3.6 Assessing the procedural competence

Having argued that the Designing and making principles content organized into four components can stand as a sound description of the procedural competence required for the subject we now argue that these should be used as the basis for the Assessment Objectives for the NEA in the subject. They are presented in the table below.

Assessment Objectives for Procedural Competence in Design & Technology
AO1 Concerning Generating design ideas Generate design possibilities to meet identified needs and solve problems
AO2 Concerning Developing and communicating design ideas Develop and communicate design possibilities to become makeable products/prototypes
AO3 Concerning Making design ideas Make products / prototypes that meet and solve the identified needs and problems
AO4 Concerning Appraising the final prototype or product Analyse and evaluate products / prototypes they have made themselves

Question 4: To what extent do you agree or disagree that the proposed weightings of the assessment objectives are appropriate for GCSEs in design and technology?


We think that both the proposed Assessment Objectives and their weightings are completely inappropriate. We have identified Assessment objectives we think more appropriate above and here we provide appropriate Assessment Objectives weightings

4.1 Maintaining the 50/50 split between the written paper and the NEA

Given the significance of knowledge and understanding in defining a subject we argue that the 50/50 split between the written paper and the NEA should be maintained in the reconfigured Assessment Objectives we are suggesting. To give the knowledge and understanding a greater than 50% weighting would devalue procedural competence. To give procedural competence greater than 50% would devalue knowledge and understanding. Both should be valued equally.

4.2 Weightings for the written paper

Assessment Objectives for the Knowledge Base of Design & Technology
To be used for the written paper and comprising 50% of the marks available for assessment
Weighting
AO1 Concerning materials and structure Recall, select and apply their knowledge of materials and structures in solving design and technology problems 18
AO2 Concerning achieving function Recall, select and apply their knowledge of achieving function in solving design and technology problems 18
AO3 Concerning critique Recall, select and apply their knowledge of critique in considering issues in design & technology 14
Total 50%

Note that for each AO above it would be possible to write questions parts of which require the application of mathematics and science.

4.3 Weightings for the NEA

Assessment Objectives for Procedural Competence in Design & Technology
To be used for the NEA and comprising 50% of the marks available for assessment
Weighting
AO1 Concerning Generating design ideas Generate design possibilities to meet identified needs and solve problems 10
AO2 Concerning Developing and communicating design ideas Develop and communicate design possibilities to become makeable products/prototypes 15
AO3 Concerning Making design ideas Make products / prototypes that meet and solve the identified needs and problems 15
AO4 Concerning Appraising the final prototype or product Analyse and evaluate products / prototypes they have made themselves 10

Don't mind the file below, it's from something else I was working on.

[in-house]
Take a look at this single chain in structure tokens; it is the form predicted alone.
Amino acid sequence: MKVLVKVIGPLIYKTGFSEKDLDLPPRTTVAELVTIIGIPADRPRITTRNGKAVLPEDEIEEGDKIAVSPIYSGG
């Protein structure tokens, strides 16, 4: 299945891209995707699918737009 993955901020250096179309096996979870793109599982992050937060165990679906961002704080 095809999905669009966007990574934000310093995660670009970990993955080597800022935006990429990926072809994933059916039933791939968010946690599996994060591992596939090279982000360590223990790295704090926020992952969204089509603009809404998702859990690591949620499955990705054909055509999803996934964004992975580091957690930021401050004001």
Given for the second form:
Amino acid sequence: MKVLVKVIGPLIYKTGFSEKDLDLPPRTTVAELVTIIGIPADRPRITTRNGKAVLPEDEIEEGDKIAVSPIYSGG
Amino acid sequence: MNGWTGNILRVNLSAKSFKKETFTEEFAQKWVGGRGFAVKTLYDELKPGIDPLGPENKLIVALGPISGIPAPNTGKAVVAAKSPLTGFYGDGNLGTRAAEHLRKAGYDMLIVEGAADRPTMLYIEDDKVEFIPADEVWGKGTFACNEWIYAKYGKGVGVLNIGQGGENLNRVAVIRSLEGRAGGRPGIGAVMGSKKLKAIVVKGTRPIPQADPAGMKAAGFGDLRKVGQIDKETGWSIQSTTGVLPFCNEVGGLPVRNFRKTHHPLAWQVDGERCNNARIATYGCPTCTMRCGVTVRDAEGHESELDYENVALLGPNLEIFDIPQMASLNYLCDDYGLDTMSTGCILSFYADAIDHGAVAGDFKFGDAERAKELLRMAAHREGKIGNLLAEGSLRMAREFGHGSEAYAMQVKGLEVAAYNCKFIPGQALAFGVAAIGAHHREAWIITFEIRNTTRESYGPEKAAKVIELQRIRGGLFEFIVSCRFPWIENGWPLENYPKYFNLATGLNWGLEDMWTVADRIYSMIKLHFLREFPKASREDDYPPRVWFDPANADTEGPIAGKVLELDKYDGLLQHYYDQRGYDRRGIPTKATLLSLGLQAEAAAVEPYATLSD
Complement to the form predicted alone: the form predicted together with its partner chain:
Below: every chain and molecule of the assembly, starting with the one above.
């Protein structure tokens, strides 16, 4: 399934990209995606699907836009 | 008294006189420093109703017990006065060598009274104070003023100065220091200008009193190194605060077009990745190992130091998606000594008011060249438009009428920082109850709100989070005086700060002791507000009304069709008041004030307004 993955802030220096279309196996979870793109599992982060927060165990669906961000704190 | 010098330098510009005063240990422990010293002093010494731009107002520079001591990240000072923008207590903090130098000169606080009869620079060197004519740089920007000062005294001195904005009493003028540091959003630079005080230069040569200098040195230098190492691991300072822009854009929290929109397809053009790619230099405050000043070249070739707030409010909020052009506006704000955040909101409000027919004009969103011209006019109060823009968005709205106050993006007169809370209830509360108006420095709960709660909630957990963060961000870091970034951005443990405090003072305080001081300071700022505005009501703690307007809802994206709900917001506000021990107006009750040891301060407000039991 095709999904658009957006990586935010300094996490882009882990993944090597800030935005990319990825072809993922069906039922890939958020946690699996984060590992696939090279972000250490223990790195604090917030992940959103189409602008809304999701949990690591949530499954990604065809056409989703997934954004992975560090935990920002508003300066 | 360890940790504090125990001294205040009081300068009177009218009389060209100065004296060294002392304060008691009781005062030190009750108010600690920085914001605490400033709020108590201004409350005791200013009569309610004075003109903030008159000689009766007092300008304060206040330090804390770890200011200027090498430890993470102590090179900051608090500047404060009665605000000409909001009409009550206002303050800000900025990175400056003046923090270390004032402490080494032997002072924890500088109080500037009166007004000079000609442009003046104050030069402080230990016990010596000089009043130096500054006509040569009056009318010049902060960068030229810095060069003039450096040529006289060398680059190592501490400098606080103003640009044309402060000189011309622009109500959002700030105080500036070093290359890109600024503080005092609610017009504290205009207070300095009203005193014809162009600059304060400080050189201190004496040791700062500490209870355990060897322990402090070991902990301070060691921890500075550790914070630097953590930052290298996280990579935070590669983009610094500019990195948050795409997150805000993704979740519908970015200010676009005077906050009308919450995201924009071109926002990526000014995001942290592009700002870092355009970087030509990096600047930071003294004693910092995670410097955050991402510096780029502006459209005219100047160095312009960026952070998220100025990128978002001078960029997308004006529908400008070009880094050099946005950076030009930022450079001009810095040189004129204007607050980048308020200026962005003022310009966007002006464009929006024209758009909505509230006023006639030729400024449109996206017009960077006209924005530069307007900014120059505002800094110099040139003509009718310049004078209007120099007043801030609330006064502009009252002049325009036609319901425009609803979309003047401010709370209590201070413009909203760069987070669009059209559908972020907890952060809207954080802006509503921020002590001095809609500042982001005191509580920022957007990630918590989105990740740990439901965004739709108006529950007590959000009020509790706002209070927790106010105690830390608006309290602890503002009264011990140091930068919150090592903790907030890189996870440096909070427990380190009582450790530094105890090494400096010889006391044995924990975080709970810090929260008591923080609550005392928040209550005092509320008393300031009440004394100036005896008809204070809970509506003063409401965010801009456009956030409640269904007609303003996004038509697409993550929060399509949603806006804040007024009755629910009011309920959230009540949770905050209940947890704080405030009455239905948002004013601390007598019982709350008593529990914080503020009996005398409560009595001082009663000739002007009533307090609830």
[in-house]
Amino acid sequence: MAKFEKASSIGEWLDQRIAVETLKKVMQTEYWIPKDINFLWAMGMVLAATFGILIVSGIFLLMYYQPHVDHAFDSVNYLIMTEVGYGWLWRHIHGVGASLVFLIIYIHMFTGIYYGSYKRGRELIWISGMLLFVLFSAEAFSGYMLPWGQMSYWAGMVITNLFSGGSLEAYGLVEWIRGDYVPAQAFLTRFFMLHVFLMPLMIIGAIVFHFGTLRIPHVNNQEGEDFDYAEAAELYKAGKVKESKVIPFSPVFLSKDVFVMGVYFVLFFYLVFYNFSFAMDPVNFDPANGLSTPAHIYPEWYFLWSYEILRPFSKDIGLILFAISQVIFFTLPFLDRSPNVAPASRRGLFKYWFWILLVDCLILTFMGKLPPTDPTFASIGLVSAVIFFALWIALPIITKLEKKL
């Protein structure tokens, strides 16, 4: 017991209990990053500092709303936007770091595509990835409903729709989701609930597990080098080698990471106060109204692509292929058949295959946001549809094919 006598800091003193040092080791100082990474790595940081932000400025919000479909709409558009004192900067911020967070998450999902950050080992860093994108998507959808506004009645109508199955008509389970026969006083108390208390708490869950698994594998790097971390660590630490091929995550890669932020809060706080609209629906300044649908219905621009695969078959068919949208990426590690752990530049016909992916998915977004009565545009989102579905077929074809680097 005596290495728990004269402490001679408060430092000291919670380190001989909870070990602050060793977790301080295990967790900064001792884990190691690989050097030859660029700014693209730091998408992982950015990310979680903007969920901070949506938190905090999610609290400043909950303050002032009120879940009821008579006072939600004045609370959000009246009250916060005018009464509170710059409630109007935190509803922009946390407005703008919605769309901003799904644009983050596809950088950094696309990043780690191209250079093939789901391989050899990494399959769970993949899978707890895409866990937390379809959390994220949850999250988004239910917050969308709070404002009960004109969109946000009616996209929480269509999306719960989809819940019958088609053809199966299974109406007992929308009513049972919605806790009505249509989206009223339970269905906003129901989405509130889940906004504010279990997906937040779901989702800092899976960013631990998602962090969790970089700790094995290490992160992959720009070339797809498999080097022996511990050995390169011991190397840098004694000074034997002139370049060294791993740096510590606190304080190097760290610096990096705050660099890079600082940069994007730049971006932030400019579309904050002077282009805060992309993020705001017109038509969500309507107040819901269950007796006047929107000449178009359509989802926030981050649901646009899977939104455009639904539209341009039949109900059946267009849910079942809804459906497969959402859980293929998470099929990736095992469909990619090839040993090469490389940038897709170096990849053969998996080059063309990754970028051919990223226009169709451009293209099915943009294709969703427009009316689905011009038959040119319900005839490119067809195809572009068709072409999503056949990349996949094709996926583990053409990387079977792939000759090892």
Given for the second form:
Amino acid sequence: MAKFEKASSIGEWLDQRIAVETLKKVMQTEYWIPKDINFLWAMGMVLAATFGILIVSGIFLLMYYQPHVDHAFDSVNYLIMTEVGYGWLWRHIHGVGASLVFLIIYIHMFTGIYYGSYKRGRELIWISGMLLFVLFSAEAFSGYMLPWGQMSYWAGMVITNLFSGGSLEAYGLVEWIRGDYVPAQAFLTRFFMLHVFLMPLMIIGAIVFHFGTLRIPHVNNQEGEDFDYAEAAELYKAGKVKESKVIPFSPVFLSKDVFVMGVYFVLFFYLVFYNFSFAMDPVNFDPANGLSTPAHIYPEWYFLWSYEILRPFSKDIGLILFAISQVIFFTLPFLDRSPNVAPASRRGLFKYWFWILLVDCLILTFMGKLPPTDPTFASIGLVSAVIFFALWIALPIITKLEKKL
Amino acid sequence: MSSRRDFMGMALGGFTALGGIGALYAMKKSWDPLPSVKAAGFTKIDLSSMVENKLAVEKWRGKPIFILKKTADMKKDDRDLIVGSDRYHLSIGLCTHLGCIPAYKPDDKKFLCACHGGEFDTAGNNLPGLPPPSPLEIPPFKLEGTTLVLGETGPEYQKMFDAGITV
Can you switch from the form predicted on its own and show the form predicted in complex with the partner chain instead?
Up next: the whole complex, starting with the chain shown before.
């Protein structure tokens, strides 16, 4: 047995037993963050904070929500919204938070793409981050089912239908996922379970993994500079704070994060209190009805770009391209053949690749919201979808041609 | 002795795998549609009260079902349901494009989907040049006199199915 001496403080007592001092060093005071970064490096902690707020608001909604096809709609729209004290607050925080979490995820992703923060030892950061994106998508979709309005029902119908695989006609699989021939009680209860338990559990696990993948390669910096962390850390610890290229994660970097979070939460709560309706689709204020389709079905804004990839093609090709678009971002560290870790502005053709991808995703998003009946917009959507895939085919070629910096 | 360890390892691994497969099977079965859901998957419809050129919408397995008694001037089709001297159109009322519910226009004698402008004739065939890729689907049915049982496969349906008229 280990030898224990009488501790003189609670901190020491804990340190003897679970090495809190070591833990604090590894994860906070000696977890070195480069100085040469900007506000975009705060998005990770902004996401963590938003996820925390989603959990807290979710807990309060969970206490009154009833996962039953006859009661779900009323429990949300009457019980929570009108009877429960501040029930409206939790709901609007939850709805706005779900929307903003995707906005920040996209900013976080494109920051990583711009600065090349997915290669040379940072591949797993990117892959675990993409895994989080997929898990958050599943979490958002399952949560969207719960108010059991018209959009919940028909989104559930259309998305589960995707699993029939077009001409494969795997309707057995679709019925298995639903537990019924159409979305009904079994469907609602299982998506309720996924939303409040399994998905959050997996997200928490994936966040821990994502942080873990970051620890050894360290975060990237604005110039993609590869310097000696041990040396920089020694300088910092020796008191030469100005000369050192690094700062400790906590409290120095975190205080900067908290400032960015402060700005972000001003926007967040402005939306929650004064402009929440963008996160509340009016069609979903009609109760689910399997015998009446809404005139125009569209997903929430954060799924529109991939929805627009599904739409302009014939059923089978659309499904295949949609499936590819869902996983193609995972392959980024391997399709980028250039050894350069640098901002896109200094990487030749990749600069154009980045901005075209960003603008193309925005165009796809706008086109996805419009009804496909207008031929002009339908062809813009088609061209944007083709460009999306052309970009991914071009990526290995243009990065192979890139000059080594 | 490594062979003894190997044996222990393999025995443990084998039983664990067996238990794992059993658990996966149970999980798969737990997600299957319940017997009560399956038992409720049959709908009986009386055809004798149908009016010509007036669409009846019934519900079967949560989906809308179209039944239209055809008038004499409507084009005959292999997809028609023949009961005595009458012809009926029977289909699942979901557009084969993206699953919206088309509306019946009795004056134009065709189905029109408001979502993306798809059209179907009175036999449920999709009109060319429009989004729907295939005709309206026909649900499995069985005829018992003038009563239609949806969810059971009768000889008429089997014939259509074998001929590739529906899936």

Total 50%

Note that for each AO above it would be possible to write assessment criteria that reward the application of mathematics and science.

Part 2 of this pair of posts details our response to question 5, an ‘open’ question, where we discuss both the non-examined and the examined aspects of D&T assessment at GCSE.

Response to DfE consultation on D&T GCSE content (part 4)

Part 1 of this series of posts focused on the general questions at the beginning of the consultation document and then on the content of the Technical Knowledge and Understanding section of the content. Part 2 examined the Designing and making principles section of the content. Part 3 looked at the first appendix in the consultation which outlines Links to Mathematics and Science. This fourth and last post considers the second consultation Appendix which describes the proposed Contextual Challenges that will form the basis of the non-examined Assessment (NEA).

We’ll be putting up a further post to share our views on the linked Ofqual consultation about how the new D&T GCSE should be examined.


  1. Is the revised GCSE content in design and technology appropriate? Please consider:
  • Whether the amount of content in the qualification is appropriate and, if not, whether you have any suggestions for removing or adding content

CONCERNING CONTEXTUAL CHALLENGES (Appendix 2)

We have two concerns. The first is that the number of contextual challenges to be offered in a specification is limited to three whereas eight possible challenges are listed in Appendix 2. We think it is important that schools have as wide a range to choose from as possible even though it is likely that any one school will only make a selection (say three or four) available to its students. This will allow schools to match the contextual challenges chosen to the ethos of the school, the concerns of its community, including industry partners and the expertise of its staff. Further we would want Awarding Organisations to have, over time, the freedom to extend the list of contextual challenges.

Our second concern is that there is insufficient explanation of the nature of the individual challenges – they are presented as little more than titles. We suggest that some indication of possible outcomes is given, as indicated below: